War of the Worlds
In the 1930’s and 1940’s radio was the main source of home entertainment for many people. Television had been invented in the 20’s, but it didn’t come into the home until the late 40’s. Competing radio networks broadcast comedies and dramas that kept the country amused—and occasionally frightened. Radio was also a major source of news.
Interactivity was primitive—There were no remote controls—so listeners actually had to get up and twist the dial to tune in a station. Since people could not see the actors, Imagination took a leading role in their lives.
In this assignment you will first follow a link to listen to a show broadcast originally on October 30, 1938 by Orson Welles’ “Mercury Theatre on the Air.” It was based on a novel by H.G. Wells called The War of the Worlds. Although it was clearly labeled as a fictional story, this broadcast caused widespread panic, mostly in the Eastern United States.
Some background to keep in mind:
October 30, 1938 was less than a year before the start of World War II in Europe. People’s minds were on the arming for war, as well as the encroachment into Austria and Czechoslovakia, being carried out by Nazi Germany. Fears of invasion and war were building.
The Great Depression was still going on, so many people had already lost hope for a decent future.
Obvious signs that the story was fictional:
–The company called Intercontinental Radio News did not exist.
–Simply twisting the dial to another station would have revealed
that no one else was “covering” a Martian invasion.
–Even today it would not be possible to evacuate 2 million people
from New York in 2 hours.
–Orson Welles’ introduction made it clear that he and his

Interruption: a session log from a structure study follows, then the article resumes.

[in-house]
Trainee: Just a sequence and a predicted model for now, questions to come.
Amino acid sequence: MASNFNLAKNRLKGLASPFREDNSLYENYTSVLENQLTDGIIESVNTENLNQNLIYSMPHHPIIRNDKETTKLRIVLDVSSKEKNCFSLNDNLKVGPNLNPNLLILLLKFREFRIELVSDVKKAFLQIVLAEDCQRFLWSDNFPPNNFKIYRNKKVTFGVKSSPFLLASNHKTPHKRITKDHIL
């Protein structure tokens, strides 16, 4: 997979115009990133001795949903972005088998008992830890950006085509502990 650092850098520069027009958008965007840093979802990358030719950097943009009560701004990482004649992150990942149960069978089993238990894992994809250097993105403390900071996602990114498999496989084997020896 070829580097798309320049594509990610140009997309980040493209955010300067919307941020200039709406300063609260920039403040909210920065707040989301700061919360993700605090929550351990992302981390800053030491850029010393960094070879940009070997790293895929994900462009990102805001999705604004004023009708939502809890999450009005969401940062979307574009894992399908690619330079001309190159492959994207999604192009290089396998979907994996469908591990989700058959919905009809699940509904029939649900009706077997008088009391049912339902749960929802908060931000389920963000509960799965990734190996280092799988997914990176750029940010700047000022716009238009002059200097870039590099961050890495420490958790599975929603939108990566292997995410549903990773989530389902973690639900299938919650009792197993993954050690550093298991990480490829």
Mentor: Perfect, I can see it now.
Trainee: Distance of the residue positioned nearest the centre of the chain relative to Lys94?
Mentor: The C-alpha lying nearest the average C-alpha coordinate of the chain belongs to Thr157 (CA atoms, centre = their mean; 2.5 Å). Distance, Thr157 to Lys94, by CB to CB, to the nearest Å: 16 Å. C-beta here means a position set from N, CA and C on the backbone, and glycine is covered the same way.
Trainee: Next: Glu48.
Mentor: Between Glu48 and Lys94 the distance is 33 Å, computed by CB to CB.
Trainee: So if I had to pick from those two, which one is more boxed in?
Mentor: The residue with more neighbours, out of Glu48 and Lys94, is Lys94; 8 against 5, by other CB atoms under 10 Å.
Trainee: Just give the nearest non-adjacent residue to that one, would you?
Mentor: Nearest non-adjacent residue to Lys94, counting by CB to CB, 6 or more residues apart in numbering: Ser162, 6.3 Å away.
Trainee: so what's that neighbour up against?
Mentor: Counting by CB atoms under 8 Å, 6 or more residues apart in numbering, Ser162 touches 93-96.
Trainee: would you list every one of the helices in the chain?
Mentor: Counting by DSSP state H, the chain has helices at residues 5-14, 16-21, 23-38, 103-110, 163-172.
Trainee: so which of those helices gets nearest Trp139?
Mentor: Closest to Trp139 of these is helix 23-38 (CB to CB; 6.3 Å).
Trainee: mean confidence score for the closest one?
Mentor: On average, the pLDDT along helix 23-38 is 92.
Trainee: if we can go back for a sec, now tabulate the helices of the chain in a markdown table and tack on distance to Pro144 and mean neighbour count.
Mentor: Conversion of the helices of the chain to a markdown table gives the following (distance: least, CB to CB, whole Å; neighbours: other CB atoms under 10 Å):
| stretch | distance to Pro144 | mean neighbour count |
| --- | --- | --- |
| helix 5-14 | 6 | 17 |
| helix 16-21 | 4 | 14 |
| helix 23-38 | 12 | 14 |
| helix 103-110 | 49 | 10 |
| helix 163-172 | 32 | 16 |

company were just telling a story.
War of the Worlds Writing Assignment:
* Step 1: First listen to the Mercury Theatre broadcast at http://www.mercurytheatre.info/Links to an external site.. Just click on the “Real Audio” link for “The War of the Worlds (October 30,1938). If that site is not functioning, try this one: http://archive.org/details/OrsonWelles-MercuryThea… to an external site.. Just find “The War of the Worlds” in the list of programs on the right of the website and click on it.
* Step 2: After listening to the broadcast, pick one of the topics below and write a full-length (around 3-4 pages) essay on it.
Important: Use all the techniques: Paraphrasing, Quoting, Summarizing. You must also useparenthetical references for all borrowed material (quoted or paraphrased). You must have a bibliography (not annotated).
Choose one topic:
1) Discuss the public reaction to Welles’ broadcast. Was the basis for it totally irrational–or was it partially understandable? Use some of the resources listed in the Bibliography to support your thoughts.
2) Some reactions to this broadcast called for strict government censorship of the radio. What do you think of this outcry? Does this problem have any contemporary applications, such as television, or . . . ? Should certain parts of the broadcast have been censored? Which ones??
3) When I originally created this topic (January 2010), many movies about a post-apocalyptic world were coming out. There were “2012,” “The Road,” and “The Book of Eli,” all of which dealt with events happening after the world as we know it ends. Now it is past 2013, and the Mayan calendar was wrong about the end of the world. The trend continues this year with “San Andreas”–which focuses on wiping out California.
Why is Hollywood seemingly obsessed with the end of the world (or at least civilization)? Should we be worried? Are there any similarities to the time of the “Martian invasion?” Use details from the 1938 broadcast to support your ideas.
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